Shionogi is betting $100 million upfront on a new class of antifungal medicine, teaming up with F2G to land the Asian and European rights to a late-phase drug candidate that could help immunocompromised patients failed by existing therapies.
The deal covers olorofim, a molecule that is part of what could be the first new class of antifungal drugs to emerge since Merck & Co. won FDA approval for Cancidas around 20 years ago. Cancidas’ approval added a third class of antifungal to the treatment arsenal. With olorofim, F2G wants to add a fourth class: the orotomides.
F2G’s vision has attracted significant investor support, with VCs including Cowen Healthcare Investments, Novo Holdings and Morningside Ventures helping it raise more than $120 million across two rounds. The rounds positioned F2G to fund late-phase clinical development of olorofim and prepare to bring it to market. Now, Shionogi has stepped up to support commercialization outside of the U.S.
The deal sees Shionogi pay $100 million and commit up to $380 million in regulatory and commercial milestones, plus double-digit royalties on net sales, for the chance to develop and sell the antifungal for invasive aspergillosis in Europe and Asia. Shionogi will conduct the clinical trials needed to bring the drug to market in its territories and share the cost of global studies.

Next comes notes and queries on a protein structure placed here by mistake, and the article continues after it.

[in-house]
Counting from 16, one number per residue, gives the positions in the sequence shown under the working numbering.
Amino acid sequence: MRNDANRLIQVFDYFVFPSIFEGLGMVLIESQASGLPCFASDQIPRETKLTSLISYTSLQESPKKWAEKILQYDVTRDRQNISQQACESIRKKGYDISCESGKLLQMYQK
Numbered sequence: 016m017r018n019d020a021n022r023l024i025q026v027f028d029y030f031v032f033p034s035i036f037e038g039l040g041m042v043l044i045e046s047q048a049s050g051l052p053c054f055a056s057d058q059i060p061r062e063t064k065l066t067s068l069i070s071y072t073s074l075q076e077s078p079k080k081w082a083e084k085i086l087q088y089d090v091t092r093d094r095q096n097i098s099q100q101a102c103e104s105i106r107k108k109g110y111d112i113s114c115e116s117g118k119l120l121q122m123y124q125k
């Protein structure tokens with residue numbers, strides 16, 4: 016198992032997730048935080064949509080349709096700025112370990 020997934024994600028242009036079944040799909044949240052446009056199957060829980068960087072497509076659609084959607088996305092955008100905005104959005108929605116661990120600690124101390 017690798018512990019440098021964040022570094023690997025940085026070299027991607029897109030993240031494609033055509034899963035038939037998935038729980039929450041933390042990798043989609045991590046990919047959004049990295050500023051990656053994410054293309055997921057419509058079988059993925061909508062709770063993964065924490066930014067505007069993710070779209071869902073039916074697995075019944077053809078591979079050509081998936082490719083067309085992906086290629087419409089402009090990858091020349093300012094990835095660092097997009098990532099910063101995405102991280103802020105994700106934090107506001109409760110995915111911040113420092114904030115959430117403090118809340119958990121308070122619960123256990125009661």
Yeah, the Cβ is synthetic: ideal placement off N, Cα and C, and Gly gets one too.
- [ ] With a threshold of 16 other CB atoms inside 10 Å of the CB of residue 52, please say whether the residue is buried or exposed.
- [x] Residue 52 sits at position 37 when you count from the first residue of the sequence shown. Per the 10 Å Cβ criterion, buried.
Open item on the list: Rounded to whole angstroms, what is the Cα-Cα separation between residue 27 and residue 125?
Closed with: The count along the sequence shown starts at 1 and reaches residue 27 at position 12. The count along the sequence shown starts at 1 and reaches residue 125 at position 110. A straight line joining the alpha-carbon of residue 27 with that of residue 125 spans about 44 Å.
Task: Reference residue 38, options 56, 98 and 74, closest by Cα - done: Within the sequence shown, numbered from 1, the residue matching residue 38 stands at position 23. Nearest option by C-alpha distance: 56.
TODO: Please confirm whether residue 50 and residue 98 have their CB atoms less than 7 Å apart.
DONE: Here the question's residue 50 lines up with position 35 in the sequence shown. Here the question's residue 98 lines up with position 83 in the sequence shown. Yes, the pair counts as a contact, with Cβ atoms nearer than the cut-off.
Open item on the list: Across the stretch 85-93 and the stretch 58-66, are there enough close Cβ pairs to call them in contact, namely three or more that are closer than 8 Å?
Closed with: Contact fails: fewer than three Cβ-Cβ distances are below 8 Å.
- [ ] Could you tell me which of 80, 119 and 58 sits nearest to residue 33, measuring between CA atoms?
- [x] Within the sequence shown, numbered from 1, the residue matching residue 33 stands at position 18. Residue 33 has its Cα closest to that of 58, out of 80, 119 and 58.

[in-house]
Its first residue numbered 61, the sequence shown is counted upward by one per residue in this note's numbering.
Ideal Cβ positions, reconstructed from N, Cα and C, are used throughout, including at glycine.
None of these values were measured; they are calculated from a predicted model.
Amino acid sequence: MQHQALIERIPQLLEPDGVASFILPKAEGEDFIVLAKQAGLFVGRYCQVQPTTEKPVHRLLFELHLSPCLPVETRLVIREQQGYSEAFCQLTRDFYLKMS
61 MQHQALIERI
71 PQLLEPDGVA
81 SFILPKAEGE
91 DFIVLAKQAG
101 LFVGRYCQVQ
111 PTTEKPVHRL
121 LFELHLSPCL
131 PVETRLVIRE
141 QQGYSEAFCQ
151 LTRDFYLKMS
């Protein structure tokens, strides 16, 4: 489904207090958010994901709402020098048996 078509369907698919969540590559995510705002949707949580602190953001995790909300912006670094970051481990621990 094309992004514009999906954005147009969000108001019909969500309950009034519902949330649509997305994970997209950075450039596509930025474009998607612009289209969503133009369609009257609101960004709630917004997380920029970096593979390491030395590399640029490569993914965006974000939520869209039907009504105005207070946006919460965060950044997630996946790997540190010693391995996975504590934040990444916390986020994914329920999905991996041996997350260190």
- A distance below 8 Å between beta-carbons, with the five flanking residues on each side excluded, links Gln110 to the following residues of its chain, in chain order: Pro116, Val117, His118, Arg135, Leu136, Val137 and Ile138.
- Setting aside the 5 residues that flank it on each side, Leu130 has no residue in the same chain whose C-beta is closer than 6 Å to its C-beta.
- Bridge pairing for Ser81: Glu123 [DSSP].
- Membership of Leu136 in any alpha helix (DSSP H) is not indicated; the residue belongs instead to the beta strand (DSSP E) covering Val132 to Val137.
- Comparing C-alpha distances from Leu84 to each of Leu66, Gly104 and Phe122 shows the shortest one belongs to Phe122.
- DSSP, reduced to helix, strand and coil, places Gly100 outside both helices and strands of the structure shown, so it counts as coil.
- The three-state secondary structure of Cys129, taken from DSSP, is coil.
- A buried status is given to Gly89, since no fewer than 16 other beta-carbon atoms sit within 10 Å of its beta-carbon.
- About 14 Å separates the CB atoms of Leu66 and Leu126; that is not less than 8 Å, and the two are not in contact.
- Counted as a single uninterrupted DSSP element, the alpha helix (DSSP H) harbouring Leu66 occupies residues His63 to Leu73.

Francesco Maria Lavino, who took over as CEO of F2G 13 months ago, set out the rationale for striking the deal with Shionogi in a statement to disclose the agreement.
“By joining forces with Shionogi, we will be able to progress the development of olorofim with a partner which has a proven track record in both global drug development and business development to effectively deliver a potentially life-saving therapy to patients globally,” Lavino said. “As F2G prepares to commercialize olorofim in the U.S., we are excited to work closely together with Shionogi to address the unmet medical need caused by invasive aspergillosis and other rare mold diseases around the world.”
F2G envisages physicians using olorofim in serious invasive fungal diseases where existing treatments are inappropriate or no longer effective. Working with Shionogi, the biotech will go after invasive aspergillosis, a rare, potentially fatal disease that mainly affects immunocompromised patients such as people undergoing chemotherapy or hematopoietic stem cell transplantation.